The conundrum of what to build on the flattened site of Greyfriars Bus Station in the centre of Northampton continues despite an investigation by Mayfair planning consultants Montagu Evans.
The firm lists among its clients The British Museum, The O2 Arena and Crossrail – advising on extensions and design schemes that have shaped some iconic developments – but the void at the centre of Northampton seems to have them flummoxed.
They have been pretty clear about what mustn’t happen. It can’t be wrong.
However details of the Montagu Evans feasibility study released by Northampton Borough Council show there is no obvious answer to what should be built on a site which will by virtue of geography at least will be something of a centrepiece for the town.
One thing that does seem likely to happen is the pedestrianisation of Greyfriars – in the mid-term. In the short term the council needs to find a use for the site and in the long term it also needs to find a use for the site.
Northampton Borough Council statement on Greyfriars development:
Chartered surveyor and property consultant Montagu Evans was commissioned to look into potential uses, establish preferred options and conducted viability assessments in order to recommend next steps.
The company considered a mix of uses as well as looking at the viability for four single-use office and residential options, none of which in the current economic climate would offer a likelihood of breaking even. The option most likely to succeed was residential accommodation with an estimated development deficit of £3 million
When considering the possibility of mixed-use development, including residential and leisure, there were predicted losses of between £12 million and £44 million.
Montagu Evans found that the key is to identify a mix of uses that balances viability and what is right for the town, which might require public sector intervention to be successful.
Its report stated that it is critical to get the regeneration of the Greyfriars site right and not to rush it to market without a plan for how it will integrate it into the wider town. If this was to happen it would be a missed opportunity that has the potential to damage the town in the long term.
Cllr Jonathan Nunn, Council leader and Northampton Forward Chairman, said: “It will likely cost upwards of ten million pounds in public funding to make development on this site possible.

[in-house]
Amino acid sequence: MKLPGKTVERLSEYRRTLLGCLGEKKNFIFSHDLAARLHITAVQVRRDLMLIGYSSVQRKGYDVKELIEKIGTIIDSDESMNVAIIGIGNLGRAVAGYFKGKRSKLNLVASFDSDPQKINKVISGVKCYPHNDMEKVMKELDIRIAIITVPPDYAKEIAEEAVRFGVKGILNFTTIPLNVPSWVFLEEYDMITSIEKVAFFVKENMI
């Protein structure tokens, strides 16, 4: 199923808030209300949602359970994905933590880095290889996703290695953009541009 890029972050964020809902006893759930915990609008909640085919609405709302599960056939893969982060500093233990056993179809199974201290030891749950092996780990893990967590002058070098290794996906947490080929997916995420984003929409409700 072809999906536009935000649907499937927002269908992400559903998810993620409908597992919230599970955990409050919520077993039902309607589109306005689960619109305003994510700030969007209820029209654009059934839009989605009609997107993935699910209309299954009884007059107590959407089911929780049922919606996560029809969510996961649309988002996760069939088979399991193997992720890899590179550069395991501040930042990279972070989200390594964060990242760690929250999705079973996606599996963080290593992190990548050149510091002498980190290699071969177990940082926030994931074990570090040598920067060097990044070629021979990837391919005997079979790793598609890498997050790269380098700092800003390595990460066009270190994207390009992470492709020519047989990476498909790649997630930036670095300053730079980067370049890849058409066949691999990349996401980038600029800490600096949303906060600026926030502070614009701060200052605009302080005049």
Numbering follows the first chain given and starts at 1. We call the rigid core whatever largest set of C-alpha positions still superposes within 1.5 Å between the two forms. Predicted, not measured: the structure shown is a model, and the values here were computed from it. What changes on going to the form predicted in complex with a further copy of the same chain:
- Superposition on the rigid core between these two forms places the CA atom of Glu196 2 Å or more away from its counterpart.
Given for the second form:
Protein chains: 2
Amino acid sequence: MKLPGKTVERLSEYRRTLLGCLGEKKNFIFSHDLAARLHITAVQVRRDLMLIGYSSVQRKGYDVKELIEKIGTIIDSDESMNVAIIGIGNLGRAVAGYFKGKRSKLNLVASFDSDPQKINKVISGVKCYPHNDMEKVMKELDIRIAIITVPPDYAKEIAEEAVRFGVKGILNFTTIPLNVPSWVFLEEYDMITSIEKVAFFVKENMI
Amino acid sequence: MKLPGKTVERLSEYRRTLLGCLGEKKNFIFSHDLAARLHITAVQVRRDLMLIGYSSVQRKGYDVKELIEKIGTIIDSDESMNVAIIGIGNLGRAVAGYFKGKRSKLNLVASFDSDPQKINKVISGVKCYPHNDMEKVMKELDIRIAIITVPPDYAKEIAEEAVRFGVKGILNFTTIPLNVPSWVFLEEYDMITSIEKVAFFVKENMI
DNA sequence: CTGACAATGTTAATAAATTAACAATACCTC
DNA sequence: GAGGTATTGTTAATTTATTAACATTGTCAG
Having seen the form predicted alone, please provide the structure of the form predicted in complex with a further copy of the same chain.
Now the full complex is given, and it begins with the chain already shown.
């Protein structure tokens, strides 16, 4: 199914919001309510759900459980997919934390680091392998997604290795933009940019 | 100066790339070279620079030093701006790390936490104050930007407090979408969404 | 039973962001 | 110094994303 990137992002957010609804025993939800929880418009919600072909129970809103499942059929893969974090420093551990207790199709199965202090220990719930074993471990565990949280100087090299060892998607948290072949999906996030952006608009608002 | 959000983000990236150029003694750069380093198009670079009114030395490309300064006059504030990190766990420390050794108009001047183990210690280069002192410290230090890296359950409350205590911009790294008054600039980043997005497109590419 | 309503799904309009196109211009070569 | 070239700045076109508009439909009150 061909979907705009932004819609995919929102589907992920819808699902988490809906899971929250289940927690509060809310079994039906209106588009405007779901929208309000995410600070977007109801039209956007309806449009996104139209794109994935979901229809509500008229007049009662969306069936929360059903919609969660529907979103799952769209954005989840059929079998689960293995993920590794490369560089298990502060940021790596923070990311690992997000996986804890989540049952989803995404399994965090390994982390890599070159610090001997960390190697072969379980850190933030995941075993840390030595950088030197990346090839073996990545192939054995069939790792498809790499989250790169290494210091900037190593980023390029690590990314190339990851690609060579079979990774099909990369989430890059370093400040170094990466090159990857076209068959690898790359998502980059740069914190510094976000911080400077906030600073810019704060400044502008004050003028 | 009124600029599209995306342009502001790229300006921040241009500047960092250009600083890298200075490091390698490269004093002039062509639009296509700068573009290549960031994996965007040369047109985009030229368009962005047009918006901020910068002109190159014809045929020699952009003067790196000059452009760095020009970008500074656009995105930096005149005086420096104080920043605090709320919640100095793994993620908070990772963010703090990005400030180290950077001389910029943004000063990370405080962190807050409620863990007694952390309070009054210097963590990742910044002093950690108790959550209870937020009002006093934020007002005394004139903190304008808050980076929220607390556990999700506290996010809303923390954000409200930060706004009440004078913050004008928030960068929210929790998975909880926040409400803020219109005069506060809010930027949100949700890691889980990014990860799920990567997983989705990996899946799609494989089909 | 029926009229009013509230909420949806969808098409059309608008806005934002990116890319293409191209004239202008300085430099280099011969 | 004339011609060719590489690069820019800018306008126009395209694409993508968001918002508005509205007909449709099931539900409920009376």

“The Greyfriars site needs to be easily accessible and form an integral part of the town centre, and of good quality. Previous ideas have not addressed these important needs, and it’s clear that although local people want something to happen on Greyfriars, they want it to be of a high calibre.
“Greyfriars is far too strategically important to the town centre for us to leave its fate to the open market, and in the recent consultation people told us how important it is to them. They deserve any development to be the best it can possibly be.”
To improve viability and integrate it into the wider town centre, it would be necessary to recreate north-south links and pedestrianise a significant section of Greyfriars road to integrate the site into the town centre. This has been recognised and now forms a major part of our wider master plan for the town.
Cllr Tim Hadland, Council Cabinet member for regeneration and enterprise, said: “The process to change the designation of roads is notoriously lengthy and involved but would be necessary if we are to realise the full scope of our plans for that part of town.
“We now appreciate the need to reopen those connections between Greyfriars with the wider town centre, which will take several years to achieve.
“This is now factored into our wider master-planning for the town, enabling us to move forward with preparations for future development on the site.
“In the meantime, we are considering potential short-term uses to ensure Greyfriars doesn’t remain empty, and we’ll be progressing with improvements to the priority areas highlighted within the masterplan.
“These include Market Square, Abington Street and the route in from Northampton Railway Station which will help make the town more attractive to investors.”
Meanwhile, a few hundred yards away in one of the great examples of a cobbled English market square, Northampton Borough Council is mulling the idea of a glass food hall to entice high end food shopping opportunities into the town centre.
They must be kicking themselves for demolishing the old Fishmarket Arts Centre with its sumptuous Gothic Victorian tiling six years ago, especially now that the town centre management playbook is all about non-retail offers to increase footfall.
Perhaps the Market Square should be left as it is. Perhaps a bigger whole should be seen where the trendy new glass thing goes on the Greyfriars site: delis, cafes, galleries, some extra bus bays round the outside, a rooftop park obviously…